TheStreet
Here's what you need to know before the week ends.

Happy almost-Friday!

Stocks tumbled on Thursday, Dec. 20, with the Dow diving almost 500 points as concerns grew that the U.S. government would partially shut down over the Christmas holiday season because President Donald Trump won't sign a stopgap spending bill. 

Shares already were down following the Federal Reserve's move Wednesday to raise its benchmark lending rate and signaled tighter monetary conditions into 2019. 

Speaker of the House, Paul Ryan (R-Wis.), said Thursday that Trump wouldn't be signing the spending bill after House Republicans met with him at the White House because the bill doesn't include funding for the border wall.

The Dow dropped 467.38, or 2%, to 22,855, on track for the worst December since the Great Depression and the worst year in a decade. The blue-chip index last traded below 23,000 in October 2017. The S&P 500 fell 1.6%, and the Nasdaq slumped by 1.6%.

Jim Cramer Breaks Down the Fed

Cramer took on the headlines in TheStreet's final show of 2018, specifically tackling the Fed's decision to hike rates in 2019.

"So now we have to make the best of it. We have to try to figure out how to make money even though the Fed is going to make it harder -- not by its focus on the dots and the models, but by ignoring critical warning signs that are pretty much everywhere. Of course, in their view they aren't ignoring anything," Cramer wrote in his morning column for Real Money. 

Cramer breaks down his thoughts on the Fed, and why he wants to sit down for lunch with Fed Chair Jerome Powell. 

Hint: It's not just to criticize the hikes.

Tilray's New Deal

Canadian cannabis company Tilray (TLRY)  , Real Money's stock of the day, announced a product research deal with AB InBev (BUD)  this week and Cramer weighed in.

Cramer expressed interest in the deal, especially given Constellation Brands (STZ - Get Report)  and Canopy Growth (CGC - Get Report)  both spoke at Cramer's Teach-In back in October where the topic of drinkable cannabis products was front and center.

At the event, Cramer had asked Bill Newlands, COO of Constellation, and Bruce Linton, CEO of Canopy, how the companies plan on monitoring the strength of the beverages.

The response? The companies are still testing out different metrics to understand the potency of the drinks. This, according to Cramer, is one key that all of the companies will have to work out before introducing beverages to the market.

The deal between Tilray and InBev comes at Altria Group Inc. (MO - Get Report) , the maker of Marlboro cigarettes, confirmed Thursday, Dec. 20, it was investing $12.8 billion in Juul Labs Inc., valuing the e-cigarette startup at $38 billion.  Altria's investment represents a 35% stake in JUUL.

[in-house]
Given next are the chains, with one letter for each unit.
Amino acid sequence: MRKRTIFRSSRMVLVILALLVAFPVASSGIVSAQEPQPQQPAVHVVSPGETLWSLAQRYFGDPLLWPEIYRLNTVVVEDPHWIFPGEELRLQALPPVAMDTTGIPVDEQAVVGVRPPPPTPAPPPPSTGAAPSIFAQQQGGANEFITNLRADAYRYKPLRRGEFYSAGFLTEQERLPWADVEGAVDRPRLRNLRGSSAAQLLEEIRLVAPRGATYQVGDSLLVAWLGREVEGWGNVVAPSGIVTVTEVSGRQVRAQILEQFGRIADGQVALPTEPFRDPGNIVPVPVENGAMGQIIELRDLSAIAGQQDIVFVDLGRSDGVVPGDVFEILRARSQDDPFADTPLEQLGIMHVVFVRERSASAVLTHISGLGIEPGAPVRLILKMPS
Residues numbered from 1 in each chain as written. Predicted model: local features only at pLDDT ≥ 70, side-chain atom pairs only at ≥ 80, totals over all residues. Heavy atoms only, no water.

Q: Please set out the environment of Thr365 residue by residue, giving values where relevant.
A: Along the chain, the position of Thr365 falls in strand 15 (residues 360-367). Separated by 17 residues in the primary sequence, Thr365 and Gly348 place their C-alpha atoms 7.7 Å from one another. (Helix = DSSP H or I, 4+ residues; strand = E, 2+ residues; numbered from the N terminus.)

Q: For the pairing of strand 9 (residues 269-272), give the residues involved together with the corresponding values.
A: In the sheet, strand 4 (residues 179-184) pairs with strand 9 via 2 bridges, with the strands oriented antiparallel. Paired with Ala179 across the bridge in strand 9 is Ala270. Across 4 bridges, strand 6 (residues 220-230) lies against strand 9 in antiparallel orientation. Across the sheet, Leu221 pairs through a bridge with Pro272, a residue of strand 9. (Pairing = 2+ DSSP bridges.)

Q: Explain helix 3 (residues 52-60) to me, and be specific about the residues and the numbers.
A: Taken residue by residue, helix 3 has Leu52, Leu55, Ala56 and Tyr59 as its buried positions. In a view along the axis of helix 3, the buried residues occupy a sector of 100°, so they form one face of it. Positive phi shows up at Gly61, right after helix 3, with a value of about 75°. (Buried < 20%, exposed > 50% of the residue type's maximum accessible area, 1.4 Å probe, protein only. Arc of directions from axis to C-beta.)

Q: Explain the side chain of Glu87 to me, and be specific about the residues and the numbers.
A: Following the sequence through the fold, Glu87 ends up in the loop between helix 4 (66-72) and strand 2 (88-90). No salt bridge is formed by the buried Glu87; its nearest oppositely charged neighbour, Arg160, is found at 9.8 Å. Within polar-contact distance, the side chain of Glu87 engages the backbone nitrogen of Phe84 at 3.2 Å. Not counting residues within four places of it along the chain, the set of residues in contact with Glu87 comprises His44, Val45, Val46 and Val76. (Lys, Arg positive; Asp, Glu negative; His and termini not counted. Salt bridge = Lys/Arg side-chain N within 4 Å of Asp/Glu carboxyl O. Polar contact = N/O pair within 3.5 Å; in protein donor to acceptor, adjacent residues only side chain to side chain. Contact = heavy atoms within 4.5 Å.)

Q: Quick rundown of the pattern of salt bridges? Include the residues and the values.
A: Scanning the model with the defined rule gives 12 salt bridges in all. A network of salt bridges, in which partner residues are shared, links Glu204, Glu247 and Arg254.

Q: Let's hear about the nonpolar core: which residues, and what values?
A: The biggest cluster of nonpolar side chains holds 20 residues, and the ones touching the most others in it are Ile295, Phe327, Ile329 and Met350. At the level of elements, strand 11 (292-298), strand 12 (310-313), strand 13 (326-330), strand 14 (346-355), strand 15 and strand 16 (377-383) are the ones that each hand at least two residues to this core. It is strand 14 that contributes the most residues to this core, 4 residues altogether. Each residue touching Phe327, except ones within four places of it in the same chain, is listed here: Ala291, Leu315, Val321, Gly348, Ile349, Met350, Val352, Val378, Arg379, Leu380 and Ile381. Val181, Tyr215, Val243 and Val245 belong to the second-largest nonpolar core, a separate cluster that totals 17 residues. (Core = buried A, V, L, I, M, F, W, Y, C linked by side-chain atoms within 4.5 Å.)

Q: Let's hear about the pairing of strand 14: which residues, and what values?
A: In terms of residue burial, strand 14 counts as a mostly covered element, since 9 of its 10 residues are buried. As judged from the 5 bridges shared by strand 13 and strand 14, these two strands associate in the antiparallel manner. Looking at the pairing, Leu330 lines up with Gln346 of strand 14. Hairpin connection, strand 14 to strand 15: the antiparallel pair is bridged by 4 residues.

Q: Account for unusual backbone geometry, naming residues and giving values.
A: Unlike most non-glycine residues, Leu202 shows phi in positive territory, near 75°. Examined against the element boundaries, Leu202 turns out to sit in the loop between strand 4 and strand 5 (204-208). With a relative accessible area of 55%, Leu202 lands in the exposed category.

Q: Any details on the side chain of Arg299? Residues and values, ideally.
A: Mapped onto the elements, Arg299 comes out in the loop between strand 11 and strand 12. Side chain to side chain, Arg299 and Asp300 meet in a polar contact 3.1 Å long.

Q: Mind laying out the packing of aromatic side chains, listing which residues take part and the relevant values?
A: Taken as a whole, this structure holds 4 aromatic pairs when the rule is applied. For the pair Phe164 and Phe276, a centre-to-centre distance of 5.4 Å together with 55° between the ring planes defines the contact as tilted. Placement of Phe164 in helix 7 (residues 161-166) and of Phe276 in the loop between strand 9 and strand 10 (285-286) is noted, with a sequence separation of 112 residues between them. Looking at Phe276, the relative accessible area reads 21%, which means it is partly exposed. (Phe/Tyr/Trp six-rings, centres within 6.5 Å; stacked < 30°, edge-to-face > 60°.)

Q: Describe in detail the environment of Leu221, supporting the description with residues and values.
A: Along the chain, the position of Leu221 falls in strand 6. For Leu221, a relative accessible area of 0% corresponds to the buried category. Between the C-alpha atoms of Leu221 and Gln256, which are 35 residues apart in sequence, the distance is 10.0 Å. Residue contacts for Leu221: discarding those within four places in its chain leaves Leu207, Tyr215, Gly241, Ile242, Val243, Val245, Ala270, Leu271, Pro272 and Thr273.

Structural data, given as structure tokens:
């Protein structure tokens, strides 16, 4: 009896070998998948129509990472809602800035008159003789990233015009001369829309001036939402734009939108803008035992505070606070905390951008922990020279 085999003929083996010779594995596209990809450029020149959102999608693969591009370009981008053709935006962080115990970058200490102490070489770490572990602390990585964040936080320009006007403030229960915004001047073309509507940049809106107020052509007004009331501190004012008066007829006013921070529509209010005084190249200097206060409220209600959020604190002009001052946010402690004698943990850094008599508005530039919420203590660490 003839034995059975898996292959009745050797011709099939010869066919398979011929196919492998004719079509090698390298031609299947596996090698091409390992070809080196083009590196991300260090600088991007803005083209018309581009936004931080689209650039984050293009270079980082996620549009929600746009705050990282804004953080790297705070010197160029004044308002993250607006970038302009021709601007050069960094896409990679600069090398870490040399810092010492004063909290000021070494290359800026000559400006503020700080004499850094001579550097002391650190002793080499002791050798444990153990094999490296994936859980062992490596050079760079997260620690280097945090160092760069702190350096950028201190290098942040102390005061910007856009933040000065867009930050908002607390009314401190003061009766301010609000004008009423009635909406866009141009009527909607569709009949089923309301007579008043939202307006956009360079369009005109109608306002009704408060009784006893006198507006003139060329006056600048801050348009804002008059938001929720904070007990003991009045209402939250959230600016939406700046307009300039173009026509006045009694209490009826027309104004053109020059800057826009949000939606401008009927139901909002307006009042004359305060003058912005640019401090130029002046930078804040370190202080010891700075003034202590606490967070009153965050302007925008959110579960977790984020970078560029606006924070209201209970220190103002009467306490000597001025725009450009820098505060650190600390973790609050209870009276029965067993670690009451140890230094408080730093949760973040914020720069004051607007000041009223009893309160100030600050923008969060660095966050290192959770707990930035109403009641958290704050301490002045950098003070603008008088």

AB InBev's statement speaks to the cannabis trend that may make partnerships like this more popular in the future, reports  Real Money's Kevin Curran.

"Labatt is committed to staying ahead of emerging consumer trends," Kyle Norrington, President of Labatt Breweries Canada said in a statement. "As consumers in Canada explore THC and CBD-infused products, our innovative drive is matched only by our commitment to the highest standards of product quality and responsible marketing. We intend to develop a deeper understanding of non-alcohol beverages containing THC and CBD that will guide future decisions about potential commercial opportunities."

Oil Falters

TheStreet contributor Bret Kenwell wrote about the decline of the oil sector.

Oil doesn't just impact OPEC, gas station prices and futures traders. It has far-reaching implications for corporate earnings as well. While many of these companies can lock in oil prices by selling futures contracts at higher prices, most companies do not lock in all of their production. And while many U.S. producers have done a great job at reducing production costs and increasing various efficiencies, the bottom line is that falling oil prices hurts profits.

First, consider ETFs like the Energy Select SPDR ETF (XLE - Get Report)  or the Vaneck Oil Services ETF (OIH - Get Report) . The two are down 24% and 43% so far this quarter, respectively. That's obviously weighed on individual equities, too.

Exxon Mobil (XOM - Get Report) , the sector's largest company, has fallen more than 16% in the last three months. Chevron (CVX - Get Report) is one of the better performers, down "just" 9.8% over the same period. Others have fared far worse, with Occidental Petroleum (OXY - Get Report)  and EOG Resources (EOG - Get Report)  are each down more than 20% and Schlumberger (SLB - Get Report)  tumbling almost 40% in the last 90 days.

Schlumberger is a holding in the Action Alerts PLUS portfolio, although the portfolio's far larger holding, BP plc (BP - Get Report) , is fairing much better, down 14% over the last three months. There's no simple way to put it. Those with a diverse portfolio and exposure to the energy sector are feeling the heat. But it can extend even further than that. For instance, while consumers enjoy a lower price at the pump, it results in lower revenue fees for companies like Visa (V - Get Report) , MasterCard (MA - Get Report)  and American Express (AXP - Get Report) .

Catch y'all tomorrow.